aprilhenry (aprilhenry) wrote,
aprilhenry
aprilhenry

Formulas

The Writers Almanac had a piece about a guy who made a very fine living for himself about 70 years ago writing pulp stories.

It says, “Dent wrote more than a thousand pulp fiction stories, all with the same formula, which he detailed in an article that explained an exact formula for writing a 6,000-word pulp story.

Here is his formula for the first 1,500 words:
- First line, or as near thereto as possible, introduce the hero and swat him with a fistful of trouble. - - Hint at a mystery, a menace or a problem to be solved — something the hero has to cope with.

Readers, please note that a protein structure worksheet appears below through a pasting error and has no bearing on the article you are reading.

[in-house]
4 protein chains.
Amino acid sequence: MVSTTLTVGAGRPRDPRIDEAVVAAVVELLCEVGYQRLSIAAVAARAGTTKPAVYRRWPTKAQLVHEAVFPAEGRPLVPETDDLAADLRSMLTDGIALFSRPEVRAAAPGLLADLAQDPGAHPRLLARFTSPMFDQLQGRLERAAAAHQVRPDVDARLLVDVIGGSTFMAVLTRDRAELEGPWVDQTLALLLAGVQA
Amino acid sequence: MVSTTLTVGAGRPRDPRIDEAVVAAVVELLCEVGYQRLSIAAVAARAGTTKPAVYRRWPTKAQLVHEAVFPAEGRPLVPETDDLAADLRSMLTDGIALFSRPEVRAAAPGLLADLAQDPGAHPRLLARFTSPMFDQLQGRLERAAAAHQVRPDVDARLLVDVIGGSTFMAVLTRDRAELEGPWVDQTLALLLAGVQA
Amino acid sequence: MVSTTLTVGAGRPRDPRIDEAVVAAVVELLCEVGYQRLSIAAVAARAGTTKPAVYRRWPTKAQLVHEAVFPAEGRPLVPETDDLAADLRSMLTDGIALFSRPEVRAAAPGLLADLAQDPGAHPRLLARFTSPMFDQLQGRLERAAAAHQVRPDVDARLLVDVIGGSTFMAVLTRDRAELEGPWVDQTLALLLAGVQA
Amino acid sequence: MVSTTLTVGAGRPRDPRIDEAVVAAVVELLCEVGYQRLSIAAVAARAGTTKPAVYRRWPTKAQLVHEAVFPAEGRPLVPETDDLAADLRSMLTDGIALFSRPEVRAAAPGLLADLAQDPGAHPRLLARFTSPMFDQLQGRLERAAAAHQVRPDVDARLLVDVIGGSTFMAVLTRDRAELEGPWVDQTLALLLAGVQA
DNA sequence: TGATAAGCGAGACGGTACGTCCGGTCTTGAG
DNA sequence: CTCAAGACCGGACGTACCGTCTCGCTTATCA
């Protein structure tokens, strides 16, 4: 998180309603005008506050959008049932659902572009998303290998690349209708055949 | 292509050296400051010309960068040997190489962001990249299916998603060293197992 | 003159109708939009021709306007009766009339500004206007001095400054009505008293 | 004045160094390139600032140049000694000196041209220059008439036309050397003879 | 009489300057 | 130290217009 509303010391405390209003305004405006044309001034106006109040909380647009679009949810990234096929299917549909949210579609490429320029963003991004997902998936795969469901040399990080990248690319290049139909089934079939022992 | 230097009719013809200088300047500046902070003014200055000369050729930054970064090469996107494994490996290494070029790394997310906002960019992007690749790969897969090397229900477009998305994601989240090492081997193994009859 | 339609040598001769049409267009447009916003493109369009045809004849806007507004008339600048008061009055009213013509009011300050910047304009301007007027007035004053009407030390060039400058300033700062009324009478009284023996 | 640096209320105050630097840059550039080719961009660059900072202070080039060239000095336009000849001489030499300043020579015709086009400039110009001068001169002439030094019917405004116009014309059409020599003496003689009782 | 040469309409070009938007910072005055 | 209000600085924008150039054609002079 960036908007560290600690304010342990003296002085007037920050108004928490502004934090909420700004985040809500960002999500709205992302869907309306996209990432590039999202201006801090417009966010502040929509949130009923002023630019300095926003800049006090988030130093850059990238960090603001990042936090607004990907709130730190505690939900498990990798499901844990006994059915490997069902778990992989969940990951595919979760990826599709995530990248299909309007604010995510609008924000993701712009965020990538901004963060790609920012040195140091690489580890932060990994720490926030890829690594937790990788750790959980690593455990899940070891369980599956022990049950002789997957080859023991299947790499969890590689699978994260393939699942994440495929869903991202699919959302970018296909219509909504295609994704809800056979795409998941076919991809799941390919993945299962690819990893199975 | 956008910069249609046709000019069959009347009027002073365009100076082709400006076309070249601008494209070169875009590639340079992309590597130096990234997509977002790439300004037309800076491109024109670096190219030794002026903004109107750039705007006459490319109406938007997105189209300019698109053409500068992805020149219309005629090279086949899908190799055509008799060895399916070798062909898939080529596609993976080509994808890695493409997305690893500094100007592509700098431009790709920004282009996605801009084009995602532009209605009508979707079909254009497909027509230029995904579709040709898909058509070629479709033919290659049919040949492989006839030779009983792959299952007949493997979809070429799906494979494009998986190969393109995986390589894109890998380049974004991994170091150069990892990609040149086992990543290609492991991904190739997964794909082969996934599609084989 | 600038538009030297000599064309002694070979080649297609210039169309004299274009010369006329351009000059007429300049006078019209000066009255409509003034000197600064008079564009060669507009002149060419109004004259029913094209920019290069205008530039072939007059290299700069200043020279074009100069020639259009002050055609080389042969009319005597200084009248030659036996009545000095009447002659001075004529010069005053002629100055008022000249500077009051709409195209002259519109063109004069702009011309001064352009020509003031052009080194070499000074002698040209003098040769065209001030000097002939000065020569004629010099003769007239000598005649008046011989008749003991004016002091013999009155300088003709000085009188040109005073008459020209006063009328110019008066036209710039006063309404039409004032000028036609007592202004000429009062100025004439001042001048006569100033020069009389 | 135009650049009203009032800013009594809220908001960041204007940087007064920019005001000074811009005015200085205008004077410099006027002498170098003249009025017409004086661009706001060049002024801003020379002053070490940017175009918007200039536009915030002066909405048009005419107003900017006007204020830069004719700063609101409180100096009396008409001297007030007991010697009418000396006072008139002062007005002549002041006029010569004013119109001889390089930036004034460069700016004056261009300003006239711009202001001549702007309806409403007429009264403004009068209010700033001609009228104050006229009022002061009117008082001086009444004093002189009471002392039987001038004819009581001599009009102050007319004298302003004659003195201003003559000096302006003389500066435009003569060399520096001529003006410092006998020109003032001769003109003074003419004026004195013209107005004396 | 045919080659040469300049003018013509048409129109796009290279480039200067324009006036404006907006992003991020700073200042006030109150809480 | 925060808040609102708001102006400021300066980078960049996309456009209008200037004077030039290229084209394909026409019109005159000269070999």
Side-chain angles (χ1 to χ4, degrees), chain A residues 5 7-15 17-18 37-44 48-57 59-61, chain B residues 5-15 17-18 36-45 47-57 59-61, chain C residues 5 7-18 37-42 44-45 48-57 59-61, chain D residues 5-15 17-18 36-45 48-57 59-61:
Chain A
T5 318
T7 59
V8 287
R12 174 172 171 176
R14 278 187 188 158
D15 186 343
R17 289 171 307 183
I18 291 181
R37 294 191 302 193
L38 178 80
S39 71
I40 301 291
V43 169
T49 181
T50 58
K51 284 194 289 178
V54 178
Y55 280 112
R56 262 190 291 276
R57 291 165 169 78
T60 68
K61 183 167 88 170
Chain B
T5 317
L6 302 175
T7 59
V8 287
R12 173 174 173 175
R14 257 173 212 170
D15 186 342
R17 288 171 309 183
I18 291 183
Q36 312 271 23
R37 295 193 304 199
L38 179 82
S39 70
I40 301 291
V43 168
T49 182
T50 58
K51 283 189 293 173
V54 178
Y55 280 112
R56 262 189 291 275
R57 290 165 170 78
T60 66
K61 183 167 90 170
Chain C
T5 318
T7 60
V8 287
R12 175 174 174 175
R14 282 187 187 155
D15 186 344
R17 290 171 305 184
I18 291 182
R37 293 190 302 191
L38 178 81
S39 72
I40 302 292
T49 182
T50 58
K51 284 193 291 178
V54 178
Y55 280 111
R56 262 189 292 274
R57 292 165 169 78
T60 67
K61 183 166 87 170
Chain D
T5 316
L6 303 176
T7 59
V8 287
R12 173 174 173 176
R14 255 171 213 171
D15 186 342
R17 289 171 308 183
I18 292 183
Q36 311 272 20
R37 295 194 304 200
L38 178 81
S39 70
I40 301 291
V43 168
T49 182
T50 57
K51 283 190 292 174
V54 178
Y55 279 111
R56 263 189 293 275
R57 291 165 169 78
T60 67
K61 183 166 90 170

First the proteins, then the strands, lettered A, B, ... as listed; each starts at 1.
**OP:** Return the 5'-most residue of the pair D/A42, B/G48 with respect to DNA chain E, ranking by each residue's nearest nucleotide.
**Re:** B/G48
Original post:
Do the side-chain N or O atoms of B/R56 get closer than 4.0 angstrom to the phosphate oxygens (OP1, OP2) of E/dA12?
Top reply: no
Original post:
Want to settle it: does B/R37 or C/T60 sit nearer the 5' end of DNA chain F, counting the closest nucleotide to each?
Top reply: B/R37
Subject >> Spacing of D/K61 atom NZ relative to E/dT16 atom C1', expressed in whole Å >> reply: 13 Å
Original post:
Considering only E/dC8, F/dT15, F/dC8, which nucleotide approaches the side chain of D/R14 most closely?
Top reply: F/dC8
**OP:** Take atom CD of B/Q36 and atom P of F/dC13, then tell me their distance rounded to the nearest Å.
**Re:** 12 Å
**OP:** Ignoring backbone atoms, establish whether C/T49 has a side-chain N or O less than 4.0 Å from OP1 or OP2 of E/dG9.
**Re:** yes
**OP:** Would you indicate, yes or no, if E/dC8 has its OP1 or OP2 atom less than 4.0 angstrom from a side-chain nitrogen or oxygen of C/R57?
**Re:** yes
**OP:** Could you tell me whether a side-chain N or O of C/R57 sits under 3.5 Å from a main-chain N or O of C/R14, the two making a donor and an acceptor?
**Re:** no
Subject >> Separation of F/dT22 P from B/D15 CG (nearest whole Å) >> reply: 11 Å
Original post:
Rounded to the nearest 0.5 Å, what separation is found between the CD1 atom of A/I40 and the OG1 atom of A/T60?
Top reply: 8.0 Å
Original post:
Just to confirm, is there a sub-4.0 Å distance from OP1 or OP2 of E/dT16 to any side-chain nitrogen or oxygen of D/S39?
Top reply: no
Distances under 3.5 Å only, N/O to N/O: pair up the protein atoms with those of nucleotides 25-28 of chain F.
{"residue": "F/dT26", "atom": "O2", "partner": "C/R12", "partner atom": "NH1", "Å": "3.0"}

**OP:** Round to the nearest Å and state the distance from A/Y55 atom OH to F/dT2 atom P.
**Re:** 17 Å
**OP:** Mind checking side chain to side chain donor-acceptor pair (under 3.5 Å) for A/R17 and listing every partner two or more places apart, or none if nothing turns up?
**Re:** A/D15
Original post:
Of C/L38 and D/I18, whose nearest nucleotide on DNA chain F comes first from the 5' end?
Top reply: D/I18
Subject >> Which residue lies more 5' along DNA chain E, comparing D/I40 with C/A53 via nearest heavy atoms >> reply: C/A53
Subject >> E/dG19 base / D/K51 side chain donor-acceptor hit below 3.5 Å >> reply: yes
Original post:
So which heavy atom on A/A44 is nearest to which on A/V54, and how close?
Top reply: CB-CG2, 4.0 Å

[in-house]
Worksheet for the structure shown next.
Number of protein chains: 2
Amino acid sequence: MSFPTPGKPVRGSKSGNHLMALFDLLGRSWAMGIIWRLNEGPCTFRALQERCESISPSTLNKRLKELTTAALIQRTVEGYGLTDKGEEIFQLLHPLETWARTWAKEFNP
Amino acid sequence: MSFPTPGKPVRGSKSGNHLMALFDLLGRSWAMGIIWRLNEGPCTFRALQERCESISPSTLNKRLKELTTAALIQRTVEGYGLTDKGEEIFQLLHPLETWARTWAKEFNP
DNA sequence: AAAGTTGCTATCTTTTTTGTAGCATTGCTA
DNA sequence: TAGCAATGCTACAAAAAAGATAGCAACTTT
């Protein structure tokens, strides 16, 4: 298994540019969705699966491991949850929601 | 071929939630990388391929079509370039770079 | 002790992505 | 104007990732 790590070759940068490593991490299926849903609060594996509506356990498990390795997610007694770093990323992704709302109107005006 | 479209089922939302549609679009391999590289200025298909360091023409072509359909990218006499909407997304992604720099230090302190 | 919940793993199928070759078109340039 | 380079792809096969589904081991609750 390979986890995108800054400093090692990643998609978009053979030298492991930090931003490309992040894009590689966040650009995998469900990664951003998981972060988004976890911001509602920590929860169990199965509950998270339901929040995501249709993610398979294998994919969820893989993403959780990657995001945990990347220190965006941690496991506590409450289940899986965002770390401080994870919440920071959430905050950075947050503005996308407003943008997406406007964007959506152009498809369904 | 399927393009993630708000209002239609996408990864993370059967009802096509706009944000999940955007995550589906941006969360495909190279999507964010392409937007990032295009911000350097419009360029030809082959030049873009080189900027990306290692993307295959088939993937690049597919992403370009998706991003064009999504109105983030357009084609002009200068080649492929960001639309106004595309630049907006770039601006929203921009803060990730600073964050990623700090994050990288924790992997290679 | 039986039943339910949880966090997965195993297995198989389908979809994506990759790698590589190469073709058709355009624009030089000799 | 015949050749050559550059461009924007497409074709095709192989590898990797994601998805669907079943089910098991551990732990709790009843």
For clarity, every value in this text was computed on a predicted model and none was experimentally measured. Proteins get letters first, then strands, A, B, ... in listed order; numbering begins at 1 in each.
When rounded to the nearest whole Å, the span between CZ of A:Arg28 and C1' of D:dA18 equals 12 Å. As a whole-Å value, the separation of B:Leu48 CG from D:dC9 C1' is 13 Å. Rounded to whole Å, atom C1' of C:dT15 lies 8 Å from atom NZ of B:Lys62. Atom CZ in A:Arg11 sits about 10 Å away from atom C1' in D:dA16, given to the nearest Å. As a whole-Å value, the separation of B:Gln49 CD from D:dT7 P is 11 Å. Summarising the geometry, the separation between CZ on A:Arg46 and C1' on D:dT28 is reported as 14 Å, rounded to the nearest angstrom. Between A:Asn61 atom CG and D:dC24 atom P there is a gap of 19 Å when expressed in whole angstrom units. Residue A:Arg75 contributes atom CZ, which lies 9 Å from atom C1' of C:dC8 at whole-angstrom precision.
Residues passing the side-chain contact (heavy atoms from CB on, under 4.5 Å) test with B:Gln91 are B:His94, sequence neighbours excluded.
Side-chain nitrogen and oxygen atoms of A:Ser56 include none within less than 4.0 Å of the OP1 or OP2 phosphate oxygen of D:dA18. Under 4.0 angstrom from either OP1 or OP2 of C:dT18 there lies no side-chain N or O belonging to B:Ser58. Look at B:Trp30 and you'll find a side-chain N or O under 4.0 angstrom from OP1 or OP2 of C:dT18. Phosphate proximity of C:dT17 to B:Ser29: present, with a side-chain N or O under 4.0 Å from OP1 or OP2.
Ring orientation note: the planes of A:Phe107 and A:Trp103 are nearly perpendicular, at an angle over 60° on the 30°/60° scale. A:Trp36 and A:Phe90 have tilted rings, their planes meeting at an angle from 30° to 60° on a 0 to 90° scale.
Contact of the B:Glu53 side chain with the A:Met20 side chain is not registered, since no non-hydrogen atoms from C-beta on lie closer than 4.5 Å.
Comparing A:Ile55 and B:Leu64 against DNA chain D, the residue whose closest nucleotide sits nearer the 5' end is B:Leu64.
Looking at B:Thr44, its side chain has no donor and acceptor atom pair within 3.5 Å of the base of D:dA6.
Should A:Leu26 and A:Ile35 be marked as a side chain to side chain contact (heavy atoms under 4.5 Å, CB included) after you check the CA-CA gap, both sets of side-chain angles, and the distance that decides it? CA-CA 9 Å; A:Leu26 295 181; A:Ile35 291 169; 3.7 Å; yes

- The hero pitches in to cope with his fistful of trouble. (He tries to fathom the mystery, defeat the menace, or solve the problem.)
- Introduce ALL the other characters as soon as possible. Bring them on in action.
- Hero's endeavors land him in an actual physical conflict near the end of the first 1,500 words.
- Near the end of first 1,500 words, there is a complete surprise twist in the plot development."

I think that might work pretty well for a 60,000 word mystery novel, if you just upped the number of words to 15,000.



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